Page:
IMPORTANT NOTICE: At Fortis Healthcare, we are fully supportive of the National priorities set out by the Hon’ble Prime Minister of India. Further to the directives of the Government provided in their press release dated 8th Nov 2016, payments at Government hospitals can be made through 500 and 1000 Rupee denomination notes. In view of the hardship being caused to the large number of patients at private hospitals, we have made an urgent representation to the Government that this exemption should apply equally, for payments, at private hospitals. We are following up with the authorities and hope the Government will step in quickly to resolve this anomaly. Meanwhile, at Fortis hospitals across the country, we continue to accept payments through credit card, debit card and electronic banking transfers. As 500 and 1000 Rupee denomination notes are no longer legal tender we are only accepting 100 Rs and lower currency notes. As per Government regulation, a PAN card and legitimate ID proof is however required for payments in cash exceeding Rs 50,000. Meanwhile we continue to ensure that emergency cases get immediate medical attention without delay whatsoever and have put in more administrative staff and help desks to assist patients.

Dyslexia

Dyslexia is a learning disorder characterized by difficulty reading due to problems identifying speech sounds and learning how they relate to letters and words. Also called specific reading disability, dyslexia is a common learning disability in children.

Dyslexia occurs in children with normal vision and intelligence. Sometimes dyslexia goes undiagnosed for years and isn't recognized until adulthood.

There's no cure for dyslexia. It's a lifelong condition caused by inherited traits that affect how your brain works. However, most children with dyslexia can succeed in school with tutoring or a specialized education program. Emotional support also plays an important role.


Symptoms Causes Risk factors Complications

Dyslexia symptoms can be difficult to recognize before your child enters school, but some early clues may indicate a problem. Once your child reaches school age, your child's teacher may be the first to notice a problem. The condition often becomes apparent as a child starts learning to read.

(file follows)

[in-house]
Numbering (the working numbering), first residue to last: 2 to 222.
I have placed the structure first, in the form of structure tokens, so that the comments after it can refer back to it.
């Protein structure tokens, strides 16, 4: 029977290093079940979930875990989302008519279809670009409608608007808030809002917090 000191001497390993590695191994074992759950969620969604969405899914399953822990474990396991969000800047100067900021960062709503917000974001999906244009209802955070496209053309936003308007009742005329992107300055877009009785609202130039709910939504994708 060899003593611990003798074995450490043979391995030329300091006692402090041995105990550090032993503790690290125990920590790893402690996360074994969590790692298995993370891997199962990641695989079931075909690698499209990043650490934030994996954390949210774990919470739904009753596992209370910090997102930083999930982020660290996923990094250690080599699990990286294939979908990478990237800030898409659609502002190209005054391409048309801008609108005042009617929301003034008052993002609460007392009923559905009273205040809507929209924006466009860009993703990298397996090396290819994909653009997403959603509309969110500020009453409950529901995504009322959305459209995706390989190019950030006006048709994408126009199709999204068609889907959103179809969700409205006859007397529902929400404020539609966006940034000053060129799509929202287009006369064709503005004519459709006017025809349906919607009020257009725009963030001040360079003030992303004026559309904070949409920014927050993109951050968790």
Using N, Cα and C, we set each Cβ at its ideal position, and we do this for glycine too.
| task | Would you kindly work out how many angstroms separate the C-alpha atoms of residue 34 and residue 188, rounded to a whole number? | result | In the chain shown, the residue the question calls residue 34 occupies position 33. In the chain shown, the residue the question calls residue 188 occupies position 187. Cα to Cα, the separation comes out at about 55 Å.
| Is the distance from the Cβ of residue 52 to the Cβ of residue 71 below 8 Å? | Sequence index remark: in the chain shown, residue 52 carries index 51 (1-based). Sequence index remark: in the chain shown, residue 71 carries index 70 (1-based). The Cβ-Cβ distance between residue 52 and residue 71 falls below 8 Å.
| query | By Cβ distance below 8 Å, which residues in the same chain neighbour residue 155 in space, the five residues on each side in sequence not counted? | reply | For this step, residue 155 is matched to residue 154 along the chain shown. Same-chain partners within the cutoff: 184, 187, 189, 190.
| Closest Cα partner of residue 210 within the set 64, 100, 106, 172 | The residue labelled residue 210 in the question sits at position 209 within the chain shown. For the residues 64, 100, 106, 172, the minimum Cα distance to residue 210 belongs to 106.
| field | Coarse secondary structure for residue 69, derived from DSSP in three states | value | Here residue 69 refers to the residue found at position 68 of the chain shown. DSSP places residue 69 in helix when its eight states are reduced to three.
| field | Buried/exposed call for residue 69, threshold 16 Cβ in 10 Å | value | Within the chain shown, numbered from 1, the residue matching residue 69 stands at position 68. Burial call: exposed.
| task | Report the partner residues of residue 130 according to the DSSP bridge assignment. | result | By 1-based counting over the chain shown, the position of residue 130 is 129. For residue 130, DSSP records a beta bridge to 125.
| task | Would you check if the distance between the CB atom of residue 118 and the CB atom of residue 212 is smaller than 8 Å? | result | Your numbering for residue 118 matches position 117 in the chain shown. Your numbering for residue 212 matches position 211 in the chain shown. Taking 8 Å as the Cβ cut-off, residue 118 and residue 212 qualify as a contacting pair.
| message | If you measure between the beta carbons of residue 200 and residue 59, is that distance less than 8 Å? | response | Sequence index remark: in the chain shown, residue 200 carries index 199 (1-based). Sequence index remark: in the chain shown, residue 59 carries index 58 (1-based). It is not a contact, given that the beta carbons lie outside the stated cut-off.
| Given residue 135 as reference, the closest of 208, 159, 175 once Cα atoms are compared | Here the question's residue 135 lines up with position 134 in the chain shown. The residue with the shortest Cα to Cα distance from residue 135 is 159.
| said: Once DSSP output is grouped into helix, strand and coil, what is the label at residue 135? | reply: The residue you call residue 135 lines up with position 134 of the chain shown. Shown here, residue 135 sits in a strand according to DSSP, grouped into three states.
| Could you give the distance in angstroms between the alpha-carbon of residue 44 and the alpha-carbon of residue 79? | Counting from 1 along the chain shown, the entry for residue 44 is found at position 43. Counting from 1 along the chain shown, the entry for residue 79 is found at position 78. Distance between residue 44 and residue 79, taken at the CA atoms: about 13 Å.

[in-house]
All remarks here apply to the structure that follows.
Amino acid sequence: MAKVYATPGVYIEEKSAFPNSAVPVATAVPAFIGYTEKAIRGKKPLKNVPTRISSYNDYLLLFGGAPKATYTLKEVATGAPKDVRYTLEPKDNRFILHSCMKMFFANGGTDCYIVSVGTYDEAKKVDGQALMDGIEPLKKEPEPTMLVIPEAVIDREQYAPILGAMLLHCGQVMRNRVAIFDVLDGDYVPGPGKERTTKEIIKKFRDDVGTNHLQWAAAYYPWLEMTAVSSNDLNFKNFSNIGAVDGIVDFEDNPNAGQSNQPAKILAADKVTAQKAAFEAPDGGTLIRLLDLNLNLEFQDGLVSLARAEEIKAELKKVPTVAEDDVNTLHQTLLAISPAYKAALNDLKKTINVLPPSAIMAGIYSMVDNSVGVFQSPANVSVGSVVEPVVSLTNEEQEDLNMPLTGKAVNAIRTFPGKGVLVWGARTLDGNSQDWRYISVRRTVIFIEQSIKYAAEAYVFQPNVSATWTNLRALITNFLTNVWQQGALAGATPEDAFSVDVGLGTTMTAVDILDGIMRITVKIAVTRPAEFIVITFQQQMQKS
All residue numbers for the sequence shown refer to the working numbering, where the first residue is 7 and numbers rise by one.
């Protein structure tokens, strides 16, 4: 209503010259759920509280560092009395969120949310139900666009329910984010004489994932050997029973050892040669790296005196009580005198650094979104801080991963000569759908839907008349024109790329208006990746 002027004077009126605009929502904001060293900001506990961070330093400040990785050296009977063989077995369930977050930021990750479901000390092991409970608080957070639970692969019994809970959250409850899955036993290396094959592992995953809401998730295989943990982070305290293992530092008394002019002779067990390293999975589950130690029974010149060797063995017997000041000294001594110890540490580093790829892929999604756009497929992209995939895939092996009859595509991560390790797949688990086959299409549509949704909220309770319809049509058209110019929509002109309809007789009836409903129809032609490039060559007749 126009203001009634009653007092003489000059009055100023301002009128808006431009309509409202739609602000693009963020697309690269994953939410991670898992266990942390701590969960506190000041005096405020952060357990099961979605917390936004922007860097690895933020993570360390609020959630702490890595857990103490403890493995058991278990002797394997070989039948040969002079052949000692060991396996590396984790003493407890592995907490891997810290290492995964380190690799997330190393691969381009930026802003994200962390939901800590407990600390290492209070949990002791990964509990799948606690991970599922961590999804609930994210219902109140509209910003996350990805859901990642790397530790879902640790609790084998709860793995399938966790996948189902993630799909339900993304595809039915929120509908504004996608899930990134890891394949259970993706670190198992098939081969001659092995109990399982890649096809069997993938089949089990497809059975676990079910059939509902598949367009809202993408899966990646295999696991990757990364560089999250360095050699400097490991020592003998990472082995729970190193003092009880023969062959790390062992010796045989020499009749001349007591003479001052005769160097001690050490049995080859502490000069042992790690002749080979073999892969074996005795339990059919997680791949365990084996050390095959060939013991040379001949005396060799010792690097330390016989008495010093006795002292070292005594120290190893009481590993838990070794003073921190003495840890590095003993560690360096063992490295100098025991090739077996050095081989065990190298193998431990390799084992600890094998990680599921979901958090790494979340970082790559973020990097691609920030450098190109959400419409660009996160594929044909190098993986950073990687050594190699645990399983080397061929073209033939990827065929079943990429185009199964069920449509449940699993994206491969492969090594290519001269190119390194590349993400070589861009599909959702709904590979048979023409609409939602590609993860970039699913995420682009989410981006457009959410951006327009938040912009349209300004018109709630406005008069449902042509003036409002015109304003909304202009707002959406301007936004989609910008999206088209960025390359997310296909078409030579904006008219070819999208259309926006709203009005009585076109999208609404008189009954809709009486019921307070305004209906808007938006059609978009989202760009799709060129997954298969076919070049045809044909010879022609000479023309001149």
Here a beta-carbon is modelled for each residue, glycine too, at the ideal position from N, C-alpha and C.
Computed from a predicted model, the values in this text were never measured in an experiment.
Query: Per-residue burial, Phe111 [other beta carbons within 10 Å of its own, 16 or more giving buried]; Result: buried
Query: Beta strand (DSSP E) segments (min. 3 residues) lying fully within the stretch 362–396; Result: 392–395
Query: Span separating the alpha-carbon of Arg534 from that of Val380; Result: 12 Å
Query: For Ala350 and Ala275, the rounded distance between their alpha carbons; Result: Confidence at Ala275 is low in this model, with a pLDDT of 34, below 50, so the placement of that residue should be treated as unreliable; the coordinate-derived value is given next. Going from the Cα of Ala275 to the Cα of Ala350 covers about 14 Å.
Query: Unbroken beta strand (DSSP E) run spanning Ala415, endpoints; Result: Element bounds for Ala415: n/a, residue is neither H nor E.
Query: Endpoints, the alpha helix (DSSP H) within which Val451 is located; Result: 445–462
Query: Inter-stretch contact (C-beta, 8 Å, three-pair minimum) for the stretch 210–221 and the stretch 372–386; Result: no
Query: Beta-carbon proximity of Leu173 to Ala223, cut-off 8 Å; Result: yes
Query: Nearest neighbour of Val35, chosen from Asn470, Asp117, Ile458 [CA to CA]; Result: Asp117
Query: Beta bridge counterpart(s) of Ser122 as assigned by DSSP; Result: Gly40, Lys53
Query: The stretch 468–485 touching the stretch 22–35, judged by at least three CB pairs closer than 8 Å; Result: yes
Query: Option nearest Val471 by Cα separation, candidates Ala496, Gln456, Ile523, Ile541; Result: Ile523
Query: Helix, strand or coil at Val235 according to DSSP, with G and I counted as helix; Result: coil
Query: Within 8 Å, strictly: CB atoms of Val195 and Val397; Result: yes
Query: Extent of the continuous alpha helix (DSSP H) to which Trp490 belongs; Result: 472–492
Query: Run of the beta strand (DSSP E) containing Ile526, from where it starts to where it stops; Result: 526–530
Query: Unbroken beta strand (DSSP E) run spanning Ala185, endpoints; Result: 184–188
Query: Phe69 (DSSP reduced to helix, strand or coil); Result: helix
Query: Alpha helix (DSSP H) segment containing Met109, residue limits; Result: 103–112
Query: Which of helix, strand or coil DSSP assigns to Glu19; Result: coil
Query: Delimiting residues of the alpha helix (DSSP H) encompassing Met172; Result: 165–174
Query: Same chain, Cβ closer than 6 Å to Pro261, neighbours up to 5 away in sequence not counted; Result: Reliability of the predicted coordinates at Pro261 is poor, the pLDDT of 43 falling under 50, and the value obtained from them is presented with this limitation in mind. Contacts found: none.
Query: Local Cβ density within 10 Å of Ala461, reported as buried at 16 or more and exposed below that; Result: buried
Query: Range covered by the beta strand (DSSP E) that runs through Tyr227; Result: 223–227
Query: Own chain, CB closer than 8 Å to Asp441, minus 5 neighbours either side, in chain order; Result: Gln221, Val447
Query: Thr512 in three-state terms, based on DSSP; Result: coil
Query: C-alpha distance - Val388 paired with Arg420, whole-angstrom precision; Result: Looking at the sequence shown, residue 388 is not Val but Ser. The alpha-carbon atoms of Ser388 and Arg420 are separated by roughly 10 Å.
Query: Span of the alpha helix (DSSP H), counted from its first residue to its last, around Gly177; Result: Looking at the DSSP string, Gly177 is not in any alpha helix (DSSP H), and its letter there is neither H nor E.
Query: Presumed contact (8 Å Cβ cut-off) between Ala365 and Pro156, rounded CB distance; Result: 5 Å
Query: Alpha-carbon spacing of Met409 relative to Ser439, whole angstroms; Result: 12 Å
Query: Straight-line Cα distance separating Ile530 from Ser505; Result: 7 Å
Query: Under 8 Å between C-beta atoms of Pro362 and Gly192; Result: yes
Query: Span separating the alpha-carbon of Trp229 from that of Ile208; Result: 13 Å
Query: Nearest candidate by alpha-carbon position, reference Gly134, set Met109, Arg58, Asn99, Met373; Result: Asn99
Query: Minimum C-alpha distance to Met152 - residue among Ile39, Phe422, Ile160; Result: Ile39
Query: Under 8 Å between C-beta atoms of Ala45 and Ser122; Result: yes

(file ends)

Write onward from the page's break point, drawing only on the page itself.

Before school

Signs and symptoms that a young child may be at risk of dyslexia include:

  • Late talking
  • Learning new words slowly
  • Difficulty learning nursery rhymes
  • Difficulty playing rhyming games

School age

Once your child is in school, dyslexia signs and symptoms may become more apparent, including:

  • Reading well below the expected level for your child's age
  • Problems processing and understanding what he or she hears
  • Difficulty comprehending rapid instructions
  • Problems remembering the sequence of things
  • Difficulty seeing (and occasionally hearing) similarities and differences in letters and words
  • Inability to sound out the pronunciation of an unfamiliar word
  • Difficulty spelling
  • Trouble learning a foreign language

Teens and adults

Dyslexia symptoms in teens and adults are similar to those in children. Though early intervention is beneficial for dyslexia treatment, it's never too late to seek help. Some common dyslexia symptoms in teens and adults include:

  • Difficulty reading, including reading aloud
  • Trouble understanding jokes or expressions that have a meaning not easily understood from the specific words (idioms), such as "piece of cake" meaning "easy"
  • Difficulty with time management
  • Difficulty summarizing a story
  • Trouble learning a foreign language
  • Difficulty memorizing
  • Difficulty doing math problems

When to see a doctor

Dyslexia is characterized by a delay in the age at which a child begins to read. Most children are ready to learn reading by kindergarten or first grade, but children with dyslexia often can't grasp the basics of reading by that time.

Talk with your doctor if your child's reading level is below what's expected for his or her age or if you notice other signs or symptoms of dyslexia. When dyslexia goes undiagnosed and untreated, childhood reading difficulties continue into adulthood.


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